A typical government gambit in its battle against tax resisters is to say, “okay, if you won’t pay us taxes, we’ll seize your property instead.”

Some tax resisters have responded to this by taunting back: “you’ll have to find it first.” And one way they have made good on this is by arranging to have other people hold their property in their names. Here are some examples:

  • Some war tax resistance “alternative funds,” into which resisters pay their taxes into rather than submitting them to the government, have a dual purpose: they serve as ways to redirect tax money to causes the resisters find more palatable than government expenses, and they serve as a holding tank for funds that the resisters can later reclaim if back taxes are ever seized from them.
  • The tax collector was so frustrated trying to seize anything at all from tax resister Ammon Hennacy that, when Hennacy was picketing the IRS office one day, the agent assigned to his case walked up to him and seized his picket sign — telling him he planned to auction it off! The next day, Hennacy was picketing again with some new signs that he and a friend had hastily made the night before… each one carefully marked “this sign is the personal property of Joseph Craigmyle.”
  • In the Irish Tithe War, farmers would give temporary pasturage to the livestock of people when seizures were impending:

    An organised system of confederacy, whereby signals were, for miles around, recognised and answered, started into latent vitality. True Irish ‘winks’ were exchanged; and when the rector, at the head of a detachment of police, military, bailiffs, clerks, and auctioneers, would make his descent on the lands of the peasantry, he found the cattle removed, and one or two grinning countenances occupying their place. A search was, of course, instituted, and often days were consumed in prosecuting it.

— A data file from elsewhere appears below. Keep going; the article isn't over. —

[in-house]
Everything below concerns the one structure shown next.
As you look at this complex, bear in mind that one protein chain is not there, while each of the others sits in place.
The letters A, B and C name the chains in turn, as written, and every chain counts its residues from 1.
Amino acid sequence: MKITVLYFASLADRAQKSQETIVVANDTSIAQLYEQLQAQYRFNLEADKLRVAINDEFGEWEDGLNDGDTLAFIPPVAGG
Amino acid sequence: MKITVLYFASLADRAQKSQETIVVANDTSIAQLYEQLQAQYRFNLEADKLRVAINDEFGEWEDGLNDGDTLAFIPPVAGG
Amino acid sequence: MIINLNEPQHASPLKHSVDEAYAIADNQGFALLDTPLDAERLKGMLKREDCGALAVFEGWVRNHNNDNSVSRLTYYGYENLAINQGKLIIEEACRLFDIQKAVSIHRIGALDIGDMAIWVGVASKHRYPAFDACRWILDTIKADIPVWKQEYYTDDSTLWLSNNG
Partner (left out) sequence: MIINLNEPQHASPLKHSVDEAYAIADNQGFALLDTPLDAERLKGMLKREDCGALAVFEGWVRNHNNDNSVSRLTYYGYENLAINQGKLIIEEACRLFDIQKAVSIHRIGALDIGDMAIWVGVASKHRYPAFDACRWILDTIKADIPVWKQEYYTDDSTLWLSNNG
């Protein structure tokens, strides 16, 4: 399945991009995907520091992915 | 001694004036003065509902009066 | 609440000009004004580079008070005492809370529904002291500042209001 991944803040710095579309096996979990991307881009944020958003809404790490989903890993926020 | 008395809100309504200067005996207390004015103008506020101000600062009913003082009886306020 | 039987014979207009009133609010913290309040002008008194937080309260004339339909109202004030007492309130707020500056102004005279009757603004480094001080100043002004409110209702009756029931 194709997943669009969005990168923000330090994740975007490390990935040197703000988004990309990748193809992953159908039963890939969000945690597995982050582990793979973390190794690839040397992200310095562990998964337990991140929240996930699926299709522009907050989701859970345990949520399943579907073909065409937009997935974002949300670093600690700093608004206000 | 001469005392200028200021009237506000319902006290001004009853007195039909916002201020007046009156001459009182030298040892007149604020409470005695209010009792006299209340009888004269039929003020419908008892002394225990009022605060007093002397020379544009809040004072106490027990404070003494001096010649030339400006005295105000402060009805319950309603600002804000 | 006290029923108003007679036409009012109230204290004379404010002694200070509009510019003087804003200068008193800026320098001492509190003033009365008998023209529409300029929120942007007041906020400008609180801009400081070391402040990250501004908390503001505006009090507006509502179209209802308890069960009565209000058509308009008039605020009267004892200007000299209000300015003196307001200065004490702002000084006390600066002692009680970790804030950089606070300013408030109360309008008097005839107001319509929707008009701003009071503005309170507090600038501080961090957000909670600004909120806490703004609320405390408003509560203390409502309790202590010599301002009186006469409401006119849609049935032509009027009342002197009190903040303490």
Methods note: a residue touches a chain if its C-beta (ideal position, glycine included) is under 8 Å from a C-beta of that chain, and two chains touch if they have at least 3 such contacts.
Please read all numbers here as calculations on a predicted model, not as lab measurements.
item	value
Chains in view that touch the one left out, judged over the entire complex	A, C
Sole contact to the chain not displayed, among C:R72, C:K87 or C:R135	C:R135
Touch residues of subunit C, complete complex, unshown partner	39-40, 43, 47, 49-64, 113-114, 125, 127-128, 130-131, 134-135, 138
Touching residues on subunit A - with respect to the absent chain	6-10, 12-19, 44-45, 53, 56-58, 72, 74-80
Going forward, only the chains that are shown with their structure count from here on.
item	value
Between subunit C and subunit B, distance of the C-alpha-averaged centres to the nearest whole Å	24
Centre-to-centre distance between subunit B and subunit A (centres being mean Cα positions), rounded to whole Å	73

• Observers noted that during the resistance by British nonconformists against the taxes for sectarian education included in the Education Act, “they are taking the precaution of putting their property out of their own names, so that the collectors will not have anything to levy on.” Resister John Clifford said, “In the hope of preventing the authorities from getting their money in this way I made over all my household effects to my wife, but the collectors seized them just the same.” Another resister, Thomas Watson, foiled the collectors for at least eight years with the same technique.
  • Tax resister Karl Hess sold the rights to royalties from his book to a community organization he worked for, so as to get a more easily-concealable lump sum of cash instead of a more-seizable royalty stream.
  • War tax resister Aleck Dodd transferred his property into his wife’s name when he began to resist, in order to “protect my family from the possible results of my action, and not to evade the collection of my tax by due process of law.”
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